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ISU Sorority ‘Steps Up’ To Serve Hearing-Impaired, Developing Nations

Ally Lawler
There are 129 women in Illinois State University's Delta Zeta Lambda Rho. Delta Zeta Lambda Rho was first founded at ISU on March 4, 1973. Delta Zeta has over 165 chapters.

An Illinois State University sorority says it is “stepping” up to collect shoes for people in developing nations.

Delta Zeta Lambda Rho said it is just 300 shoe pairs shy of its 1,500-pair goal. 

Ally Lawler heads philanthropy for Delta Zeta Lambda Rho. 

“It is a lot of work, but knowing that 10 people will be able to receive hearing aids because of all this hard work and that they (the 1,500 show pairs) are being donated to a country that needs them more than any of us ever will,” said Lawler.

Credit Ally Lawler
Ally Lawler said shoes donated must be wearable and pick-up is available.

Lawler said any type of shoe will do as long as they're wearable.

The sorority partners with Angel Bins to distribute the shoes. Angel Bins will contribute money back to the sorority’s national partner, Starkey Hearing Foundation, which will buy hearing aids for the poor and hearing impaired through a different foundation.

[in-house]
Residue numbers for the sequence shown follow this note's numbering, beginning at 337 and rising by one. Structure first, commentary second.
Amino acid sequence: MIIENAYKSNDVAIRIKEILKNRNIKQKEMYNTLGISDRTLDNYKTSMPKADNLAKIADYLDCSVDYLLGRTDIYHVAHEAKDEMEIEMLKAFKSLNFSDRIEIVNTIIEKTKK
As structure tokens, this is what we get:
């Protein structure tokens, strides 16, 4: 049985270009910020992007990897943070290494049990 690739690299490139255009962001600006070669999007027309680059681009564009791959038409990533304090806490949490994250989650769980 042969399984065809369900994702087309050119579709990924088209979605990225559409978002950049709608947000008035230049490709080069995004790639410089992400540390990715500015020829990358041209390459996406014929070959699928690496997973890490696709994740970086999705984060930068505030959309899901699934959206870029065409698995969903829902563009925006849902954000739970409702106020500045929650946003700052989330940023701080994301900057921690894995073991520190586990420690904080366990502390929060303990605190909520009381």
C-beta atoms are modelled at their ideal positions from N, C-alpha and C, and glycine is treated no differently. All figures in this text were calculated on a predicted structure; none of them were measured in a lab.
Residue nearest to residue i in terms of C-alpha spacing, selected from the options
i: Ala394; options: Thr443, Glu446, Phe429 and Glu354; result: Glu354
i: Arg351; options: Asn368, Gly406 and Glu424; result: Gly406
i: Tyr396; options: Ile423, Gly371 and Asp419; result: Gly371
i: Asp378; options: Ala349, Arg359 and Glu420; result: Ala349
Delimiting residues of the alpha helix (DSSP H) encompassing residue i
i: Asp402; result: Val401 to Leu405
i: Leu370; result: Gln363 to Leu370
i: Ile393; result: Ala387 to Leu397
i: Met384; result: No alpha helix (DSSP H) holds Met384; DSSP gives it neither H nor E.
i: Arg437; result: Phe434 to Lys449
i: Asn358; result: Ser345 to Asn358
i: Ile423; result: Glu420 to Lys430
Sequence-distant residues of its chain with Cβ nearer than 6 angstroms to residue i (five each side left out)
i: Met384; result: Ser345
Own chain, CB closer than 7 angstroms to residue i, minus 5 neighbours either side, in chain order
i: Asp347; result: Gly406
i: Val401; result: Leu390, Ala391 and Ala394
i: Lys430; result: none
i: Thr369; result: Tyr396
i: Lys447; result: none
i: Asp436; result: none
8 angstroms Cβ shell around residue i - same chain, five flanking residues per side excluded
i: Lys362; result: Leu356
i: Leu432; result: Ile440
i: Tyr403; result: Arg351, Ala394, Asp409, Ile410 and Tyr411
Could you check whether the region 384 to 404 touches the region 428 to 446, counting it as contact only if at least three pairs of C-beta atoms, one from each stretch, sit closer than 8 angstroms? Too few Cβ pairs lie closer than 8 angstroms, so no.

Lawler said this year the sorority is raising more money than it did pre-pandemic.

“It’s hard trying to find creative things to still bring in money because that’s honestly what we are all about,” said Lawler. “That’s why we are a part of this sorority.” 

Lawler said those who want to donate can drop shoes off outside the sorority house’s door. Lawler said she will even drive to your home and pick them up off residents’ porches if they contact the sorority through their Facebook page.

Lawler says the sorority hasn’t quite given in a way as big as this. Lawler said the most the sorority made in previous years was $600.

Lawler said the sorority really came together. 

“Being able to do something like this and bring in so much money. It's kind of indescribable,” said Lawler.

Delta Zeta Lambda Rho will continue its philanthropy April 24 as it hosts a Family Day. 

“Normally we would have a dad's day in the fall and a mom’s day in the spring, but because of COVID we weren't able to host either. So we found a COVID-friendly venue, BloNo Pizza Co., and we're kind of turning that into a philanthropy event,” said Lawler.

Fifteen percent of the proceeds from that day (from food and drinks purchased at the events) go towards the Starkey Hearing Foundation.

Raffles and T-shirt sales will also be contributed to the foundation.

“We've kind of made that into a double win, where we had to get the host Family Day and then also bring in money for philanthropy,” said Lawler.